Thomas De Gendt finally gets his way
After riding over 1280km in escape groups during the Tour de France, Thomas De Gendt (Lotto Soudal) was perhaps wrongly omitted from winning the race’s combativity award. However, in this year’s Vuelta a España, De Gendt hasn’t changed tack and it’s finally paid off.
Prior to the Tour de France, De Gendt secured a stage of the Critérium du Dauphiné and the leader’s jersey through a successful long-range attack on the race’s first stage. Since then the Belgian rider, who is known for his tireless riding, has started to be seen as the ‘almost man’.
Whether it has been long-range attacks or breakaways, it started to feel like nothing would ever work for De Gendt but today he showed why he is always trying. After counter-attacking and bridging over to the front four riders, De Gendt’s voracious appetite saw him try and cover more attacks as he joined in Nicolas Roche’s last-ditch attempts.
The Belgian used his experience wisely as he waited until the final sprint to time his acceleration perfectly and make all those near misses worth it.
Chris Froome takes it easy for the Angliru
With the race’s most iconic climb the following day, it was smart of Chris Froome (Team Sky) to take a back seat in proceedings. After losing time on stage 17 and recovering somewhat on stage 18, it was imperative that Froome took no chances today as he prepares to cover any and all GC attacks on the Angliru.
Froome may even need to lay it out on the line if things go south and the preparations he and his team made today in controlling the tempo mean that he won’t be afraid to do just that.
The Vuelta is a race that has escaped Froome’s grasp on incredibly small margins before and for someone as meticulous as him, today will definitely be deemed a victory ahead of tomorrow.
Ivan Garcia can’t spare the Spanish blushes
Still yet to record a home victory, the Spanish are quickly running out of opportunities to spare the home fans blushes. Today the hopes of the majority of the Iberian peninsula lay on Ivan Garcia’s (Bahrain-Merida) shoulders as he had hoped of breaking the Spanish duck at La Vuelta.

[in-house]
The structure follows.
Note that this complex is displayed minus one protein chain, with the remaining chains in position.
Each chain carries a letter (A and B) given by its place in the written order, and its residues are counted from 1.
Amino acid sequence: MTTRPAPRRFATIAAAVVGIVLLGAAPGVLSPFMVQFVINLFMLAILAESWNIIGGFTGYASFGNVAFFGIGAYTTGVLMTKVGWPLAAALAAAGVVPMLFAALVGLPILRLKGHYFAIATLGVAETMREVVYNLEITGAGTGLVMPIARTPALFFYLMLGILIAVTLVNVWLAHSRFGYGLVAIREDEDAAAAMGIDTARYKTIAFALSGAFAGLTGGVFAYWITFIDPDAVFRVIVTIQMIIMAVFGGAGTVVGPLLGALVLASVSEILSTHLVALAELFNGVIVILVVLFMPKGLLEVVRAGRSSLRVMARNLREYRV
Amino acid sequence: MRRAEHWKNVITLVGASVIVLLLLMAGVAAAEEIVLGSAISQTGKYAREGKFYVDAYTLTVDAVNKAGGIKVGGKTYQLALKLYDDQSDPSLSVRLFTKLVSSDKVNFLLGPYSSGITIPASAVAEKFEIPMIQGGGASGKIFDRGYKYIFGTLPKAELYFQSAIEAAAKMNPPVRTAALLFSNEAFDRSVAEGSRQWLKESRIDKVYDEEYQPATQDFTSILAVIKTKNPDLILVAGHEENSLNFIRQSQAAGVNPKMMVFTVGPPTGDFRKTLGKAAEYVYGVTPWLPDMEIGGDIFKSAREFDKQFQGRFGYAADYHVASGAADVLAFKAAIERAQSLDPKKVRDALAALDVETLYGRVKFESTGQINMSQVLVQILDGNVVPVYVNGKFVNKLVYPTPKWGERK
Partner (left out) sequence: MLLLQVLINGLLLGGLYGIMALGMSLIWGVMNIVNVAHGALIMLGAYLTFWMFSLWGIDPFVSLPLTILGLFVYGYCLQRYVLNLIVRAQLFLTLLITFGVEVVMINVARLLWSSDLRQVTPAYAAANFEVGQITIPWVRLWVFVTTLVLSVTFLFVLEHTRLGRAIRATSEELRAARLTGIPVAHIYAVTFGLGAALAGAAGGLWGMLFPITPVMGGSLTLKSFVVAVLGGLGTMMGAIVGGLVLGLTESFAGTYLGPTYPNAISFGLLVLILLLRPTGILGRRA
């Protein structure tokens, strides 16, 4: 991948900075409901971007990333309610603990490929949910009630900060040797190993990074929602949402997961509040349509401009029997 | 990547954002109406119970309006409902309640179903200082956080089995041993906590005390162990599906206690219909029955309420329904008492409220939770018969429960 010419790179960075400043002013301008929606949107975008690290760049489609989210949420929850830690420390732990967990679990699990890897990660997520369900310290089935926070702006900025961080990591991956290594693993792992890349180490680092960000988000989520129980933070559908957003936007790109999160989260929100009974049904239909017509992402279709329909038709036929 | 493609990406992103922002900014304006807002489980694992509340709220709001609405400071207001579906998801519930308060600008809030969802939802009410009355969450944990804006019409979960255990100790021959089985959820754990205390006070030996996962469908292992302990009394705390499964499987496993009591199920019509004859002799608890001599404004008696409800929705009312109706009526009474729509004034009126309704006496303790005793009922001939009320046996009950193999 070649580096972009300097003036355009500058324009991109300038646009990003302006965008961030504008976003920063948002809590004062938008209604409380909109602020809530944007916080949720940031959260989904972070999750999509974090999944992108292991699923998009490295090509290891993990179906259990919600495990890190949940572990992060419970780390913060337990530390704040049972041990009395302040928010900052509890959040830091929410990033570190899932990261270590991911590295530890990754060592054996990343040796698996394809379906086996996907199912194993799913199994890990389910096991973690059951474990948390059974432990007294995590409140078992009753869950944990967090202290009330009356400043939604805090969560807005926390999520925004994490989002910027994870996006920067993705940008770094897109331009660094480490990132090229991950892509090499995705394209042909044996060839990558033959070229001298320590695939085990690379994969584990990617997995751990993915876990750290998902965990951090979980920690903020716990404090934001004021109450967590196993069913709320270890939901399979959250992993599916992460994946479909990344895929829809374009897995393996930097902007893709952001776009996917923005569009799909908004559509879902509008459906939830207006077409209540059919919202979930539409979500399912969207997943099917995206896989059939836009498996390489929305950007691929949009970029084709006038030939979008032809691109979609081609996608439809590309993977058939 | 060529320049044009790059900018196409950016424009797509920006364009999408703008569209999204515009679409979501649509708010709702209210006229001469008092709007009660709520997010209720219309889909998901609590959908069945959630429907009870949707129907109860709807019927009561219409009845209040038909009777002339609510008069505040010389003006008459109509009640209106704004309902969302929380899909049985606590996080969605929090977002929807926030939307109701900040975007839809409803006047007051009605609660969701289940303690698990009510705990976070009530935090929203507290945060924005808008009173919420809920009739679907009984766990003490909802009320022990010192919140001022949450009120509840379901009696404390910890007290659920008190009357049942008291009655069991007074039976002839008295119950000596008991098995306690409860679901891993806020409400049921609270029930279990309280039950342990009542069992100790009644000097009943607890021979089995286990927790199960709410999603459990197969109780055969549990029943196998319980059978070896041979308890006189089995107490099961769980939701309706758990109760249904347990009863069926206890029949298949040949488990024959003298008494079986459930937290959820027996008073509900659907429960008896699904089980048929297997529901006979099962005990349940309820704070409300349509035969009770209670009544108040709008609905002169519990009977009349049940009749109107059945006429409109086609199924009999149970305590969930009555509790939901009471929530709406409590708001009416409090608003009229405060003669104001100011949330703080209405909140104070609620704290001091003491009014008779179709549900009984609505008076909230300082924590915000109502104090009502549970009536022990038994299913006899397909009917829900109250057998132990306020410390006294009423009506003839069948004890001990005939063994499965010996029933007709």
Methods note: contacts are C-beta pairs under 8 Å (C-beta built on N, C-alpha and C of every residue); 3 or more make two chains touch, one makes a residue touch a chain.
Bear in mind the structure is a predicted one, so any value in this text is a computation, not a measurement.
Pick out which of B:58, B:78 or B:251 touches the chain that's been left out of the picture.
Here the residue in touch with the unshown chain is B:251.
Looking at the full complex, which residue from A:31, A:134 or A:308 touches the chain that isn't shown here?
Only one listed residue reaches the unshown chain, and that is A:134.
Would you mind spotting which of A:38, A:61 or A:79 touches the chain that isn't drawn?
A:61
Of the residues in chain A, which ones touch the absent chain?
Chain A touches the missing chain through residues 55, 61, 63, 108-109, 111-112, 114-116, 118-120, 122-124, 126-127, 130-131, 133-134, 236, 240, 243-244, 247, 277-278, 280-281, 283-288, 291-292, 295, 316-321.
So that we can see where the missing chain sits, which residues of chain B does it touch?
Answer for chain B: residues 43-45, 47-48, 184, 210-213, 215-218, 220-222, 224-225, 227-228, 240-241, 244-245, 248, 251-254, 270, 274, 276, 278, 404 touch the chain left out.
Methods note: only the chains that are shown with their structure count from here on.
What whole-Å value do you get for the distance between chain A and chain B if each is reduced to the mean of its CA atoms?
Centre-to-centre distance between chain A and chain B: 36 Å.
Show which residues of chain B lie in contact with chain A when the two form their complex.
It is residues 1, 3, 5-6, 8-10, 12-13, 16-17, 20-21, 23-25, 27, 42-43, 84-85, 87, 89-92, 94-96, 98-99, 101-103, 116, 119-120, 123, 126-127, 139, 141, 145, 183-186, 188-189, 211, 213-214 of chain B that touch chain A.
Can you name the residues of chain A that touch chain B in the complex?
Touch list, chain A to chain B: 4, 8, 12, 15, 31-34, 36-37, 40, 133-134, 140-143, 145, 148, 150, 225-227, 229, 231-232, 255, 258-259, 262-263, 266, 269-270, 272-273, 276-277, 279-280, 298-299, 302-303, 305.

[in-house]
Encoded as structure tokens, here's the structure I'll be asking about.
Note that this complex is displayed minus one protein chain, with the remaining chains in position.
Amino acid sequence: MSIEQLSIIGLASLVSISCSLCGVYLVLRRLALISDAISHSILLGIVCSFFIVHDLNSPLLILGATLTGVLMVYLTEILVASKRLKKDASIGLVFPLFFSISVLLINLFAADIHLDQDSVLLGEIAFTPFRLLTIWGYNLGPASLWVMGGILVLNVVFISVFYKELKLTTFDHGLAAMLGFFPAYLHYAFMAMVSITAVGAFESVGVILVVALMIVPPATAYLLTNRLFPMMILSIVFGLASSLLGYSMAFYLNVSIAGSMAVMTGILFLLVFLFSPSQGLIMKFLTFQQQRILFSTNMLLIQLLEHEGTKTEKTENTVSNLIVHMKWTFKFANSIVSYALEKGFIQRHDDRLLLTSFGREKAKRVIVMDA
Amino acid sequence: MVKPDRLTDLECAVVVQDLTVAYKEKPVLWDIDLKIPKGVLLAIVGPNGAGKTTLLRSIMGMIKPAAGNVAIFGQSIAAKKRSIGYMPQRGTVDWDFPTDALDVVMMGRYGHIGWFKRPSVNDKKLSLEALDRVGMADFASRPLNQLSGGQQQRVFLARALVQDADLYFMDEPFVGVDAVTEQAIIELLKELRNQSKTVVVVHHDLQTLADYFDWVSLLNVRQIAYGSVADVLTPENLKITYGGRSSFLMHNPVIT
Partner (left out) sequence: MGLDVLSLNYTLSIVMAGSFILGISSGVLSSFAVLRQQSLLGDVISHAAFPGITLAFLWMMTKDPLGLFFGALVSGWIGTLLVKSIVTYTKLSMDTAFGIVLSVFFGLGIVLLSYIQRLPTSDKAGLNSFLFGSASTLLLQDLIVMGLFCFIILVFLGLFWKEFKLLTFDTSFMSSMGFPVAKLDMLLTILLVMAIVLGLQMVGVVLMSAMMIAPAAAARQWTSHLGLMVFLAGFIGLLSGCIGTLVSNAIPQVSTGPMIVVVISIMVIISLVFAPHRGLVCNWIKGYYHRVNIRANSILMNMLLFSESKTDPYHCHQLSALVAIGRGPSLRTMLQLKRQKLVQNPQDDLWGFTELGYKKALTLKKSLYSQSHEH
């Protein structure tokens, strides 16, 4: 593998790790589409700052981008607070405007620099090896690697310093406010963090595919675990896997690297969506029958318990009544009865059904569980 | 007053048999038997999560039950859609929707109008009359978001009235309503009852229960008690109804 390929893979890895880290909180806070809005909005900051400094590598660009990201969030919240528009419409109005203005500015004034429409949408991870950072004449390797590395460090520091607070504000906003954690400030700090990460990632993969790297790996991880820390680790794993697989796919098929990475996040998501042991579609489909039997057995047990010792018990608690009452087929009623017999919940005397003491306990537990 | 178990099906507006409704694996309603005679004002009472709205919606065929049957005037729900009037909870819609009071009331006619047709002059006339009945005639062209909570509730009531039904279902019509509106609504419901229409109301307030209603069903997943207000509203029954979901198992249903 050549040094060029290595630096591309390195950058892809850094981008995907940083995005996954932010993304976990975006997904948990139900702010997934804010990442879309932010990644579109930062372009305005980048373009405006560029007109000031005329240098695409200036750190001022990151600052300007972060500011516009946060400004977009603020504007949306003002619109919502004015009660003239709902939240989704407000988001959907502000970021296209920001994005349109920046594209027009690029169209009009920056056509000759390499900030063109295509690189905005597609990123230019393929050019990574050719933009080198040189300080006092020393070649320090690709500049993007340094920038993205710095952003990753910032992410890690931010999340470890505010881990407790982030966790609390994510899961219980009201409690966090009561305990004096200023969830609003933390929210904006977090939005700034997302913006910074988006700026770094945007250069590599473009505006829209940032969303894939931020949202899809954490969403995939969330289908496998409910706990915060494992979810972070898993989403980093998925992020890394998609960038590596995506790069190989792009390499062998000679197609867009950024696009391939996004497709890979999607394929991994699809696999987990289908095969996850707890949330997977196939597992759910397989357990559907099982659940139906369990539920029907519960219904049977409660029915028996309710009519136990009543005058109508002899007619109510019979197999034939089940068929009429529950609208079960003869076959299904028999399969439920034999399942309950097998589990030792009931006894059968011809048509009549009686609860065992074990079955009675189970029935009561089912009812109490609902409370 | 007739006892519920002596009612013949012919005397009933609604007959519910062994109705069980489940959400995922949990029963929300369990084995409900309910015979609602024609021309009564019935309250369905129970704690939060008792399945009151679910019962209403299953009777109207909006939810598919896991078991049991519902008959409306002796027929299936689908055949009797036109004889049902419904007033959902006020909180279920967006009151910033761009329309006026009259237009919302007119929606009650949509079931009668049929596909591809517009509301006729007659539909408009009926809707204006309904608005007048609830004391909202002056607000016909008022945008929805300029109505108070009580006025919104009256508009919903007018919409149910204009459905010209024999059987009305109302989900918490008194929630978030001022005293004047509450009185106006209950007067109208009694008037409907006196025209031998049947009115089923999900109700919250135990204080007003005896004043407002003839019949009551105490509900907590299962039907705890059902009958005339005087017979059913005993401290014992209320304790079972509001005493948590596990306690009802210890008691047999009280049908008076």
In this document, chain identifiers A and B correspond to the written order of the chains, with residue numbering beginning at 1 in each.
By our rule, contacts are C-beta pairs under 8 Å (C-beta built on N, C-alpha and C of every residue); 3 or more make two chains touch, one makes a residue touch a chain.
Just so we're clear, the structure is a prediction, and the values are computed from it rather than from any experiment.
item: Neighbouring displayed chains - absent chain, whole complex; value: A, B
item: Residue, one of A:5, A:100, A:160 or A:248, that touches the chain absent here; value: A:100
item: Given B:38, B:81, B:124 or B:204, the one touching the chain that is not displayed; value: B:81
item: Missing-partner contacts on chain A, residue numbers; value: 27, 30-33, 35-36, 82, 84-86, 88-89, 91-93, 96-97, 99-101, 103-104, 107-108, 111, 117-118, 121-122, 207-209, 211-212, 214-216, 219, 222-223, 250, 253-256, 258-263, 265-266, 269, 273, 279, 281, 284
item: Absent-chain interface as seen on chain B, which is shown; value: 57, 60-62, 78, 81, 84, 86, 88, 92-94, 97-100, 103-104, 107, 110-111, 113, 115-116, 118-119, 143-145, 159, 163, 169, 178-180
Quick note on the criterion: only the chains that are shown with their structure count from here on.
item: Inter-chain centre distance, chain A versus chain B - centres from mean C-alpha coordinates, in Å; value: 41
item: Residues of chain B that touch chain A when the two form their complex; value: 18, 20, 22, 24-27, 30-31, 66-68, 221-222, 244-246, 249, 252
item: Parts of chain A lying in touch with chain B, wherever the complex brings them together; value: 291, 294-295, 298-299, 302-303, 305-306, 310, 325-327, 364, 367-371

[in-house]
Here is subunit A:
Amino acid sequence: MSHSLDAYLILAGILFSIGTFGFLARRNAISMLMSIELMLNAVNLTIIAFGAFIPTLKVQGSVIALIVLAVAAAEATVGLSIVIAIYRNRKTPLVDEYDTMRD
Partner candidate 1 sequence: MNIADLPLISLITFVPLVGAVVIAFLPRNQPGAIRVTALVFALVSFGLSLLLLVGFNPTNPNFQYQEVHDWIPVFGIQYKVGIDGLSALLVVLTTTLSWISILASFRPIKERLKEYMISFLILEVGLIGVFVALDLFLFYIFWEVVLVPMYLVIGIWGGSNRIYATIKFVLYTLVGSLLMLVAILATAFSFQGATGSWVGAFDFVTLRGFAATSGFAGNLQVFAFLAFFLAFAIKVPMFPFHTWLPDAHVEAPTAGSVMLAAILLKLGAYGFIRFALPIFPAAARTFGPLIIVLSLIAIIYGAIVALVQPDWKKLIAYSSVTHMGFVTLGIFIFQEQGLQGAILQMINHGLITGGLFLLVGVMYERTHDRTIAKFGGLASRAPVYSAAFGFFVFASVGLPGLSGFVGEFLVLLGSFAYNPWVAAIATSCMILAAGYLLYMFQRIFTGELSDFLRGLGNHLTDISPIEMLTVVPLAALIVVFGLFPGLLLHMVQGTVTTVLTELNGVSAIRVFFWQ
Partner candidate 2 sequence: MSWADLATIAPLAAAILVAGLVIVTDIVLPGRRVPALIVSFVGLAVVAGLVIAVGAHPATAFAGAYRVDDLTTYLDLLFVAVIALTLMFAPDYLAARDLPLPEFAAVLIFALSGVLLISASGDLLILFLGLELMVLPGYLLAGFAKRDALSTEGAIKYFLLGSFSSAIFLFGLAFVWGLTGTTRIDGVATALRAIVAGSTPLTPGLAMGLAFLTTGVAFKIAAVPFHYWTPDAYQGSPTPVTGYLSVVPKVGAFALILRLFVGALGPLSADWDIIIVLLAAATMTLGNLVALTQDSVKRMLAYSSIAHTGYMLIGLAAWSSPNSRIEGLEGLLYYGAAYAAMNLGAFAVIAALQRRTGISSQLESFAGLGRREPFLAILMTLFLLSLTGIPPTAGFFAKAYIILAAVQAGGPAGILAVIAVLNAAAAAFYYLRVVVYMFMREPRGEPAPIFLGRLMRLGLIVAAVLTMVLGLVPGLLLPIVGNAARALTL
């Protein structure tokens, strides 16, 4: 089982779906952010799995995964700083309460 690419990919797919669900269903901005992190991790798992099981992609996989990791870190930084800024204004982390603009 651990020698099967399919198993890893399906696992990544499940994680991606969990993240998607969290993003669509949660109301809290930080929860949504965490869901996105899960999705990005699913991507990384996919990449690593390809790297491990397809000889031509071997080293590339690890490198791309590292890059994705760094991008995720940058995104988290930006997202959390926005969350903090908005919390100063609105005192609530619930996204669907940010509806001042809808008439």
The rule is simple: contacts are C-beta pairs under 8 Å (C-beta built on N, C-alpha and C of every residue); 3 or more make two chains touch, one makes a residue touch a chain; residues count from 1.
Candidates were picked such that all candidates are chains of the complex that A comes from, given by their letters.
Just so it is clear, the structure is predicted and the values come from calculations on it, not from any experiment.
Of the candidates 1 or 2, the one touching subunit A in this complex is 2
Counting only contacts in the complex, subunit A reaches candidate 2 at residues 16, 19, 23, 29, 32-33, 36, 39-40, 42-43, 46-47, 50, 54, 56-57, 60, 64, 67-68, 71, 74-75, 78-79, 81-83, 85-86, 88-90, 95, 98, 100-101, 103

The young time triallist decided to try and go it alone on the day’s final climb but his efforts were cut short as Nicolas Roche (BMC), Romain Bardet (Ag2r) and Rui Costa (UAE Emirates) managed to bridge over to him. Soon his efforts were directed at trying to keep their breakaway from being caught.
However, a strong counter-attack saw his chances drop considerably as the break swelled in size. Taking his chances on the home straight, Garcia launched his attack. Unfortunately, it wasn’t to be with a more experienced Thomas De Gendt timing his retort perfectly, coming around Garcia and crushing Spanish hearts as he took victory.
The breakaway wins again
This year’s Vuelta has been one of multiple breakaways and today was no different with a winner being plucked from an original 27-man escape
With an overall classification as tight as it is, many top teams like Sky and Bahrain-Merida are concentrating their efforts on each other so when there is no sprint team to take the slack we are presented with a style of racing that allows breakaway artists like Thomas De Gendt off the leash.
Today’s stage was like a Classics race, akin to that of Milan-San Remo, with a multitude of attacks into the final kilometres. It was an exciting display of how great Grand Tours can be while working to serve a special prelude to the Angliru on stage 20.
Can Contador make it a dream end?
With less than 20km to go on stage 19, Alberto Contador (Trek-Segafredo) did what Alberto Contador does. He attacked when no one expected it. Showing good legs, El Pistolero and team-mate Edward Theuns made a break for it to gain some precious seconds on Froome and co.
The attack was solid and the pair worked well and for a time you could wonder if Contador might shake things up. Unfortunately, the peloton worked just as well and caught the pair 2km from the line.
With compatriot Ivan Garcia failing to take the first Spanish win at this year’s Vuelta, it begs the question: Could it be up to one of Spain’s most iconic racers on his penultimate stage to bring home the first victory of this year’s Vuelta on what is Spain’s most iconic climb? Possibly.
Contador started off this race by falling out of the GC race almost immediately but like a true maverick he has worked his way back into proceedings. While he may not take the overall there is a good chance that he could make a lot of cycling fans’ dreams come true with a win on stage 20.